It's no wonder that advocates of locally grown foods rally 'round the tomato.
These iconic fruits, sun-ripened and picked at their peak, are the epitome of faultless yet fleeting flavor. Tomatoes' tantalizing sugars don't weather a few hours in the refrigerator unsullied, much less a cross-country journey in the dead of winter.
2 cups packed fresh basil leaves
1 cup mild-flavored olive oil
Scant 1/2 cup balsamic vinegar
10 to 12 ripe heirloom tomatoes, of different sizes and colors
12 ounces or 3 balls burrata (may substitute fresh mozzarella; see note)
Sea salt, to taste
Black pepper, to taste
Start preparation of basil oil several hours, or a day, before assembling salad.
In a blender, puree the basil and olive oil until completely smooth. Pour into a medium saucepan and bring to a simmer over medium heat; when you see small bubbles, simmer for 45 seconds, then pour through a fine-mesh sieve into a bowl. Tap lightly to coax oil through but don't press on solids.
Let cool 10 to 15 minutes, then pour still-warm oil through 1 to 3 coffee filters, nested inside each other, set above a heatproof container. When most oil has gone through, use your fingers to squeeze out remaining oil, taking care not to tear paper.
Let filtered oil stand for a few hours, then pour it slowly into a clean container, leaving any sediment behind. Kept it in an airtight jar in a cool, dark place; this oil will hold its bright flavor for at least 1 month.
In a small saucepan, bring the balsamic vinegar to a simmer. Reduce until just syrupy. Remove from heat. It will thicken more as it cools.
When ready to serve, cut the large tomatoes into 1/2-inch-thick slices, then cut slices in half. Cut small tomatoes into wedges. Arrange on individual plates so each serving shows a variety of colors and sizes. Tear each burrata ball in half and place 1 on each plate.
Drizzle tomatoes on each plate with a tablespoon of basil oil and a little balsamic reduction. Season to taste.
Makes 6 servings.
NOTE: Burrata, a soft cheese made from combining mozzarella and cream, can be purchased at Rogue Creamery in Central Point.
— Recipe from "Michael Chiarello's Bottega," by Michael Chiarello (Chronicle Books, 224 pp., $40).
So what would a column on seasonal eating — in its first year, no less — be without an ode to the tomato?
After a slow start to summer, homegrown tomatoes remained in late June the stuff of dreams: large wedges tossed into green salads and pastas, succulent slices adorning sandwiches and pizzas and slabs artfully balanced with fresh basil and cheese for classic Caprese. Yet the robust vines and blooms of Brandywine bushes in my garden foreshadowed a fruitful harvest.
Of course, the Brandywines were a long time in coming. No fan of heirloom tomatoes, my mother-in-law had staunchly defended hybrids for the first five years of our joint gardening venture. Who was I to contradict her decades of experience?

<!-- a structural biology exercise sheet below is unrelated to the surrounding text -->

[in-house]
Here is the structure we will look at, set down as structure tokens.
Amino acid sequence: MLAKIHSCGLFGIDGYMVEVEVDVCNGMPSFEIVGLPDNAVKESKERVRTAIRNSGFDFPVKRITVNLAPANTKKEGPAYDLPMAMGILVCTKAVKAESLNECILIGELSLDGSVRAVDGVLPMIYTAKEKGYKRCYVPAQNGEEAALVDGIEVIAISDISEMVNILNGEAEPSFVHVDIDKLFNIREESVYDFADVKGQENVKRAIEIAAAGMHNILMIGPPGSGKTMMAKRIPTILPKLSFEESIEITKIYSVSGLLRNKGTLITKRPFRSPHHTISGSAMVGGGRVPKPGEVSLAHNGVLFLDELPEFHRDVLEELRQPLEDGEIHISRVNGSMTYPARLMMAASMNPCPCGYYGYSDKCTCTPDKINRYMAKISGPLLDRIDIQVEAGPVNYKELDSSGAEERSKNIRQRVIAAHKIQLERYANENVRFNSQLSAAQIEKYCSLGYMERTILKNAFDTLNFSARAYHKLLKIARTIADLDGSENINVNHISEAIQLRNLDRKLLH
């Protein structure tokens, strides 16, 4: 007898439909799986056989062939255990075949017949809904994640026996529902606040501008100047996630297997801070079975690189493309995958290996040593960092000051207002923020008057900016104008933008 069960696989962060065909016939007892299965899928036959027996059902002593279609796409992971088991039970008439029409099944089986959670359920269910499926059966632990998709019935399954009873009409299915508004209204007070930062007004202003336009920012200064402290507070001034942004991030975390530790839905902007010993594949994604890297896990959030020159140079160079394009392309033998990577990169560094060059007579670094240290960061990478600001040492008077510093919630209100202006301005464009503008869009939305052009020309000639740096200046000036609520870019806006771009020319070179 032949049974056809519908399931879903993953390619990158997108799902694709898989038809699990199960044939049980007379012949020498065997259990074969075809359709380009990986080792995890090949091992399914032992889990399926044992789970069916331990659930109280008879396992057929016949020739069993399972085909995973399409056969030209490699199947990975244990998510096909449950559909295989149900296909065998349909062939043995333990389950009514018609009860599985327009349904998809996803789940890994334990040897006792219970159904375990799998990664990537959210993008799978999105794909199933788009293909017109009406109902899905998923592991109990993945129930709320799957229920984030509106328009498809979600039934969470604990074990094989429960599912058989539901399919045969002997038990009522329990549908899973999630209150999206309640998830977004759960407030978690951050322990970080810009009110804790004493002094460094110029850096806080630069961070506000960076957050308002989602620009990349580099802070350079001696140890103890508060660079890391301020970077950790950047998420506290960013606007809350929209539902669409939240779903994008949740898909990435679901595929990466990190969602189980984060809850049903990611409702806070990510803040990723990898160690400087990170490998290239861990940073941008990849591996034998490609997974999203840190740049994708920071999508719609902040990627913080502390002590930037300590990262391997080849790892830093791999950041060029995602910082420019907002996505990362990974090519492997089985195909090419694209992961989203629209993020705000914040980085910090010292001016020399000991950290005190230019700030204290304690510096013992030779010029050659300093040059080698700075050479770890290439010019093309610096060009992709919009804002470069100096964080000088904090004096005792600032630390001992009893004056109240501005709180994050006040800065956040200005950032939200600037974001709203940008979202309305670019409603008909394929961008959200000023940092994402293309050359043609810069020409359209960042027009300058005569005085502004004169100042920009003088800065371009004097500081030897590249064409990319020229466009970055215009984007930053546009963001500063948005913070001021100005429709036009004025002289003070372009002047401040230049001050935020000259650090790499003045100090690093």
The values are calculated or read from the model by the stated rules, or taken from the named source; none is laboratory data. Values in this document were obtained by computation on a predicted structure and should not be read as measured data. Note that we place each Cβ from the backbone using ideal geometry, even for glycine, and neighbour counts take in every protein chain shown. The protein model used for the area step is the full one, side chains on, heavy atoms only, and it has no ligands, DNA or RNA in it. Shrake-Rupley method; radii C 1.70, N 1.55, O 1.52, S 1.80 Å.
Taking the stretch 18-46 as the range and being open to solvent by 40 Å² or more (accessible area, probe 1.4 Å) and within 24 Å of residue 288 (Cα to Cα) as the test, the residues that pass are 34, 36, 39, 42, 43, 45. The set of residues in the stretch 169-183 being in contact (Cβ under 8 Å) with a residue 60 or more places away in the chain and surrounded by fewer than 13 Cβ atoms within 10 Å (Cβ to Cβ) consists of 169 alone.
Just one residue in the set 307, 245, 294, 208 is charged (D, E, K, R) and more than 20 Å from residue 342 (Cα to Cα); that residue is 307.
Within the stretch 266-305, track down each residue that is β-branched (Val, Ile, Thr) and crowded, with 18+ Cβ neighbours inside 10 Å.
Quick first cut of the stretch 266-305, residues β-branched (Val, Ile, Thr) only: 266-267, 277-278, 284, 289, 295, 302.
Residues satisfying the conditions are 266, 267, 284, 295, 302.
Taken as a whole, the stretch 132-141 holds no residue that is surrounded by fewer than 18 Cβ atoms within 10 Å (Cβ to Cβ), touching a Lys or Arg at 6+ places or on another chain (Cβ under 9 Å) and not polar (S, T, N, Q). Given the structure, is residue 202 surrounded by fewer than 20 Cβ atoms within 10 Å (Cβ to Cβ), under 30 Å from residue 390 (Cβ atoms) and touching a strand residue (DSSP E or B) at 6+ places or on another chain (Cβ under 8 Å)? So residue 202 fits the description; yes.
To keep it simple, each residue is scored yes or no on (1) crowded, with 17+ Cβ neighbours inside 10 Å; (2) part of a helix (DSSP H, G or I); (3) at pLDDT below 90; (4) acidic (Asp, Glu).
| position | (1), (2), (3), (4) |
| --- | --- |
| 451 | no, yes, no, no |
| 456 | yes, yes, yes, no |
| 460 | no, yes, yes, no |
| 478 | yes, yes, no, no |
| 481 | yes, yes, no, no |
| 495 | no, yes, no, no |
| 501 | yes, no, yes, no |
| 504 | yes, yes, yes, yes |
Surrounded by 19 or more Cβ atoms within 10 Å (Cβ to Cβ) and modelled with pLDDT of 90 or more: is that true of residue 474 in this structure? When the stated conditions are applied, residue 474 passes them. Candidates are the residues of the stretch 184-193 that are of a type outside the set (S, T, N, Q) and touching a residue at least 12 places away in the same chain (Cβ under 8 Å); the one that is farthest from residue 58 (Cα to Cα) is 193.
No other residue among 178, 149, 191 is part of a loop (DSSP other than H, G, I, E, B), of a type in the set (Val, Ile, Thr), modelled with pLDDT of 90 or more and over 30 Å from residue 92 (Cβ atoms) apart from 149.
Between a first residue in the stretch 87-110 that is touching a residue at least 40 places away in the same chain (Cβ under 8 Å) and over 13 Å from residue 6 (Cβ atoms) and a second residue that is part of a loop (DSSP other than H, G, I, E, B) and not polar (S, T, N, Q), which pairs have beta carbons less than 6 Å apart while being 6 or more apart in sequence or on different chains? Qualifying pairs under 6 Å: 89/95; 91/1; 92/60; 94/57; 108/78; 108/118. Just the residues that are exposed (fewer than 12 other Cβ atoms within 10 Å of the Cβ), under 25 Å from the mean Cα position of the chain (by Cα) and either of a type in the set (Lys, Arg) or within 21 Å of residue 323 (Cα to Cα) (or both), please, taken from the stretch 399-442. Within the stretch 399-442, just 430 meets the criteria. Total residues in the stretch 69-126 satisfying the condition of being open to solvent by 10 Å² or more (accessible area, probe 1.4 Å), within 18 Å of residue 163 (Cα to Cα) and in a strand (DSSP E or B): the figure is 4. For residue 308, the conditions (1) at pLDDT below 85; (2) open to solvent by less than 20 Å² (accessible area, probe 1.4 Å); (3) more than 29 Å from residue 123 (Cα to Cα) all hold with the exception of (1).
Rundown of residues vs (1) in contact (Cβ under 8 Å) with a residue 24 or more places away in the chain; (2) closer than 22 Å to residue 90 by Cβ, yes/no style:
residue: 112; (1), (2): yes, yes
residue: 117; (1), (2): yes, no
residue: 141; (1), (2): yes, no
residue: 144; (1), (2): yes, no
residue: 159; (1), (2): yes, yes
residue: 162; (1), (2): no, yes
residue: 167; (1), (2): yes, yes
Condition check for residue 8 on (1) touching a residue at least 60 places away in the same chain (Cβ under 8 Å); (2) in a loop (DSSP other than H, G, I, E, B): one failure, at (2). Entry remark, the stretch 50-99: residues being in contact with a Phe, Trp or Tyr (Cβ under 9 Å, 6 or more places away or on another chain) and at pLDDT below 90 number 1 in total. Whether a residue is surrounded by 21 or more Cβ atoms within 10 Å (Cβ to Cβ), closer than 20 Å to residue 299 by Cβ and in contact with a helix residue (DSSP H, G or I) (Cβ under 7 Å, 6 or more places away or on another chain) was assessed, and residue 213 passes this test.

My superficial knowledge of the term "heirloom" came from trendy restaurant menus. Neither a horticulturist nor expert gardener, I've since managed to grasp the deeper distinctions between heirloom and hybridized plants. The former's attributes and shortcomings usually are more obvious.
Heirloom tomatoes are those flamboyant fruits that come in virtually all the colors of the rainbow: red, yellow, purple, pale-green, streaked like a summer sunset with tangerine or nearly black as if bruised from "a backyard tomato smackdown," in the words of Washington Post food writer Jane Black.
These tomatoes also boast names to match their fantastic features. Monikers like "Casady's Folly" or "Mullens' Mortgage Lifter," "Lemon Boy" or "Cherokee Purple," make "Brandywine" seem almost mundane.
An heirloom grown under ideal conditions and picked at its prime is a wonder to behold — and taste. But most gardeners will attest that heirlooms are a bit temperamental and suffer from the whims of weather and pests. All too often, they emerge from the garden lumpy, bumpy, disheveled and scarred. Hence, the hybrid's appeal.
To produce hybrids, plant breeders intentionally cross-pollinate two different varieties, trying to achieve offspring with the best traits from both parents. Many were developed in specific growing regions for precise purposes. That's the story behind Oregon State University's "Medford," developed decades ago in the Bear Creek Valley for canneries that existed at the time.
Large-scale commercial agriculture — with its obligations to year-round supply ensured by shipping over long distances — has conspired to give hybrids a bad rap. Transplanting the humble hybrid from grocery store to garden, however, makes all the difference. Sun-ripened on the vine, many hybrids boast excellent flavor, plus they're prolific and usually easier to grow.
After last year's fickle weather took its toll on our hybrids, the beefy Brandywines with their superior flavor emerged as tomato heros. So this year, we tried to cover all the bases by planting, in addition to Roma-type canning tomatoes and Brandywines, hybrid "Early Girls" and "Better Boys."
True to their name, the Early Girls were the first to set fruit. They'll be divine after a long winter of tomato depravation. But the longest, hottest weeks of summer will test their mettle against Brandywines.
If all else fails, heirlooms do redeem themselves with proponents of seed-saving. Hybrid seeds cannot be reused in subsequent years to yield the same plant.
For the widest variety of heirloom and hybrid tomato plants — plus plenty of opinions to go with them — check out one of the local farmers markets next spring. April and May markets are awash in tomato starts, which can flourish even in large pots if given full sun and organic-rich, good-draining soil.
Read Sarah Lemon's blog, The Whole Dish, at www.mailtribune.com/wholedish or follow The Whole Dish on Twitter.